Understanding Your Results

Select your status:

 

I have the KRAS-variant but I’ve never had cancer.

Knowing you have the KRAS-variant puts you in the best position to make informed choices about advanced screening and lifestyle strategies to protect your health.  While a positive test result indicates that your risk of breast, ovarian or lung cancer is about 2-6 times greater than the average woman, knowing you carry this gene mutation provides you and your doctor with powerful information that can be used to help minimize that increased risk.

This may mean:

  • Working with your doctor to get higher level breast cancer screening (e.g. a breast MRI or ultrasound in addition to regular mammograms).
  • Women who are menopausal or postmenopausal should continue gynecological screening of the ovaries, and may want to consider the option to have outpatient surgery to remove the fallopian tubes and ovaries if they and their physician thinks it is most appropriate.
  • If you are already planning to get a hysterectomy, you may want to speak with your doctor about removing your ovaries at the same time.
  • If you smoke, it’s especially important to consider strategies for stopping, as smoking further elevates your risk for multiple cancer types, especially lung cancer.
  • If you are having your ovaries removed and are pre-menopausal or if you are currently going through menopause, you may want to talk with your doctor about continuing estrogen replacement therapy, as abruptly taking away estrogen appears to increase the risk of cancer for women with the KRAS-variant.

I have the KRAS-variant and have been diagnosed with cancer.

If you have been diagnosed with cancer and have tested positive for the KRAS-variant, this suggests that your cancer diagnosis could be associated with this genetic difference.  Together with your physician, you can now use the information in several ways to protect your health and inform your decision making going forward.

  • Women with the KRAS-variant appear to be at an elevated risk of an independent second cancer, so it is important to discuss the best screening and management strategies with your physician to minimize this risk.
  • Many women live in fear of passing “genetic cancer risk” on to their children.  Knowing whether or not a family member’s cancer was due to known inherited factors can help alleviate this anxiety, as children have a 50% chance of NOT inheriting the marker and are thus not at increased risk.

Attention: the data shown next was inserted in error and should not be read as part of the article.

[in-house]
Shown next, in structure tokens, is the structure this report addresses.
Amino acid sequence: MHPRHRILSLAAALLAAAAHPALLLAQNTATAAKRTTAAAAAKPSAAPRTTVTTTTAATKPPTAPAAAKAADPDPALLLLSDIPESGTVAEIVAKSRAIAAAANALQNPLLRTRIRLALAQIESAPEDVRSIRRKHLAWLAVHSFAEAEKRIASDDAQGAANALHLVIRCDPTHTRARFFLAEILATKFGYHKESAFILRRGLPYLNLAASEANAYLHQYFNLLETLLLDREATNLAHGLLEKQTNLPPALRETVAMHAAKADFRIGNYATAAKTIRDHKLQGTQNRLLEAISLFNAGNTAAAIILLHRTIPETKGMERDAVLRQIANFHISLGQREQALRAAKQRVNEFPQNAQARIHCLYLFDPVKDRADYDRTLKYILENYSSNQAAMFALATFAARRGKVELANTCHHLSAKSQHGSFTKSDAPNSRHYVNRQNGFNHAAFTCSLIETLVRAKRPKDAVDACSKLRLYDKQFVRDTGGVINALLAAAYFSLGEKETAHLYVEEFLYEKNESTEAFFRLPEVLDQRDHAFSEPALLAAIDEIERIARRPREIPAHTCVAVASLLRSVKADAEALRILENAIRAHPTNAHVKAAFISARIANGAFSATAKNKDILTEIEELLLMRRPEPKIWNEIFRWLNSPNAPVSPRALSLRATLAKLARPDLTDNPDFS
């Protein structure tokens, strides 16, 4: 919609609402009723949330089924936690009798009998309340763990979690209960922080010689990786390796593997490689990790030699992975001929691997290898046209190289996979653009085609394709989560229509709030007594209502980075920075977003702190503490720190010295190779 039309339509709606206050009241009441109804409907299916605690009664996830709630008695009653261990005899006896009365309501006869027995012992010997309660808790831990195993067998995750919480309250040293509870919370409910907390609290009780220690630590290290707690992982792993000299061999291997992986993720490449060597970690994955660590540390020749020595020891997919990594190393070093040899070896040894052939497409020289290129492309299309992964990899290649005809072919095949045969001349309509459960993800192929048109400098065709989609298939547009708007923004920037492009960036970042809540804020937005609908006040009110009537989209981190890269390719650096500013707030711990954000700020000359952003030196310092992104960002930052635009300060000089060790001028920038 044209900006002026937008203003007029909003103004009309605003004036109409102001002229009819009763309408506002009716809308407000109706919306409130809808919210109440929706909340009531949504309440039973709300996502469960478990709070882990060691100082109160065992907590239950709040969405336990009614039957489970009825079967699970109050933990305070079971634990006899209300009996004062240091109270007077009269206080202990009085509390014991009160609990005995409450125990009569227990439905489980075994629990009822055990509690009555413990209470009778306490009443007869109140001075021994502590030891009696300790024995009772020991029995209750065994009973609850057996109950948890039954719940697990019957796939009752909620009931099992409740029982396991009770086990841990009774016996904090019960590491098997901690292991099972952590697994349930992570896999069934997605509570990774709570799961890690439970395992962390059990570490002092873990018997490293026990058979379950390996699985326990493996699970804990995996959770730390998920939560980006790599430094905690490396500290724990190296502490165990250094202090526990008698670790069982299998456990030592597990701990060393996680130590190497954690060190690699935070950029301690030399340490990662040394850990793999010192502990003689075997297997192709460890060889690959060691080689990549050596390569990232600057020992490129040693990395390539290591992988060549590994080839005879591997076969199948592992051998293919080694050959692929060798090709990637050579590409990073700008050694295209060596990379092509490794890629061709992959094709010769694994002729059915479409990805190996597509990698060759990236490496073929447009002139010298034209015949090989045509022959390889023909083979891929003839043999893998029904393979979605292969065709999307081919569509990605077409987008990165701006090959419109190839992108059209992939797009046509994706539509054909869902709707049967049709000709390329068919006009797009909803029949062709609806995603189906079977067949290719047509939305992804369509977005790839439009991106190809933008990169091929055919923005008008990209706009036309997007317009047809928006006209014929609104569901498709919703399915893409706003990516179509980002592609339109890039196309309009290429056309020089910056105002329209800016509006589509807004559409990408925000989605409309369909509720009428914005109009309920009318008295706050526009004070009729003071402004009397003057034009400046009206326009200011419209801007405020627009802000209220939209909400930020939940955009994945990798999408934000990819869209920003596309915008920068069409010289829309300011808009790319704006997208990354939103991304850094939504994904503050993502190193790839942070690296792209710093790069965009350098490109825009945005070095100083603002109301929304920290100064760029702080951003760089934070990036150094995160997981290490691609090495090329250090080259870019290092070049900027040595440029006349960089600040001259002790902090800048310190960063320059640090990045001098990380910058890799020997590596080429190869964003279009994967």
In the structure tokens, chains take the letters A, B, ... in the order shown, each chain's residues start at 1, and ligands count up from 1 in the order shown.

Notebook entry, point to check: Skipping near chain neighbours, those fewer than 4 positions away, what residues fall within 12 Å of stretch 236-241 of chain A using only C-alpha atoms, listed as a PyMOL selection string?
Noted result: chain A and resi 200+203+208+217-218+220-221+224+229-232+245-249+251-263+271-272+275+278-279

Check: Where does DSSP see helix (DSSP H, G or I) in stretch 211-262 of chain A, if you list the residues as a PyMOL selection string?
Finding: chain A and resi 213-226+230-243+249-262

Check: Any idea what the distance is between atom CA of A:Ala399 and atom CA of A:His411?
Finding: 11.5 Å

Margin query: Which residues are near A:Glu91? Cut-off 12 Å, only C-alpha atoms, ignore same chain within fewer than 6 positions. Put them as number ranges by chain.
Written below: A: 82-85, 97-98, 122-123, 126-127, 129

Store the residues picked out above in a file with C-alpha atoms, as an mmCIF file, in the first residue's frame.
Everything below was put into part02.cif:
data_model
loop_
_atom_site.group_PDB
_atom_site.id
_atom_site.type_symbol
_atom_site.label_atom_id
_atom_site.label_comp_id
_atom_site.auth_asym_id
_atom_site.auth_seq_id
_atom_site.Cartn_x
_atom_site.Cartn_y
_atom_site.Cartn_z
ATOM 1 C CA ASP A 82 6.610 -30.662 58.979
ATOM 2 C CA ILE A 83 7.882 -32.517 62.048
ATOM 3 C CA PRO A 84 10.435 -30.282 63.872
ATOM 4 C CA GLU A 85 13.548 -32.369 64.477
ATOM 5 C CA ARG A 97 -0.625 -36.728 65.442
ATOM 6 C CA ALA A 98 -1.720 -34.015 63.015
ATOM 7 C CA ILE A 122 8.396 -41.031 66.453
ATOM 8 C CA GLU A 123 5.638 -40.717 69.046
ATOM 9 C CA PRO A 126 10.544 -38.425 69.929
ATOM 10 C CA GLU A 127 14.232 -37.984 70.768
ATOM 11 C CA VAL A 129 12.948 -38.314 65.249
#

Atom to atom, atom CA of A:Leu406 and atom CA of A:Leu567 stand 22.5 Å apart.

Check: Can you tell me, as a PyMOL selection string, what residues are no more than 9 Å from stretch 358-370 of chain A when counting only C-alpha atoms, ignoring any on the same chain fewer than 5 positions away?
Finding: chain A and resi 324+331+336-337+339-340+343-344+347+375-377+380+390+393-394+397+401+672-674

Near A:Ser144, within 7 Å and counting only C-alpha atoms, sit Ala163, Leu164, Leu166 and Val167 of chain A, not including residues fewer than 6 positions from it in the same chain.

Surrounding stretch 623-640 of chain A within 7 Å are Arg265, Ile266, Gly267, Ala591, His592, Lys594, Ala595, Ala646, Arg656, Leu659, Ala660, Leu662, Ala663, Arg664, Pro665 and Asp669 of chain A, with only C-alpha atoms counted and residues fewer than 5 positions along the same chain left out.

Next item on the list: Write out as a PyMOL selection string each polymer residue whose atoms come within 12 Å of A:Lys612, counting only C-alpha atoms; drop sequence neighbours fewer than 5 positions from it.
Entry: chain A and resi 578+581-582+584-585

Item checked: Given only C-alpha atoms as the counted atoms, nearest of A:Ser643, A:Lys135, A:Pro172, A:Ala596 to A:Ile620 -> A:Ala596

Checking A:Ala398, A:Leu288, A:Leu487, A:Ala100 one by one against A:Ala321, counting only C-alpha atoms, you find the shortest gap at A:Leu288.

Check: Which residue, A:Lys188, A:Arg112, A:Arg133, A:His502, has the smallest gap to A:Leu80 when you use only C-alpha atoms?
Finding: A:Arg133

• There are numerous studies completed (with other studies ongoing) showing that cancer patients with the KRAS-variant respond to specific chemotherapy approaches, and not to others. Please see MiraDx for additional information.

I don’t have the KRAS-variant and I’ve never been diagnosed with cancer.

  • If you have a family history of breast or ovarian cancer (your family is a HBOC family) and you are also negative for BRCA, your test suggests that you might not have inherited a genetic risk for cancer.
  • If you do not have other known cancer-causing mutations, your test result indicates you are at the same or lower risk of developing ovarian, breast or lung cancer than the general population.

I don’t have the KRAS-variant but I’ve been diagnosed with breast or ovarian cancer.

  • A negative test result does not mean that there is no genetic explanation for your cancer. It only indicates that it was not the KRAS-variant.
  • If you do not have other known cancer-causing mutations, you do not need to worry about a poor treatment response to platinum due to the KRAS-variant.

We continue to explore the best cancer prevention strategies through our current research.  If you would like to receive updates about our studies and all research related to the KRAS-variant, please consider enrolling in a study and .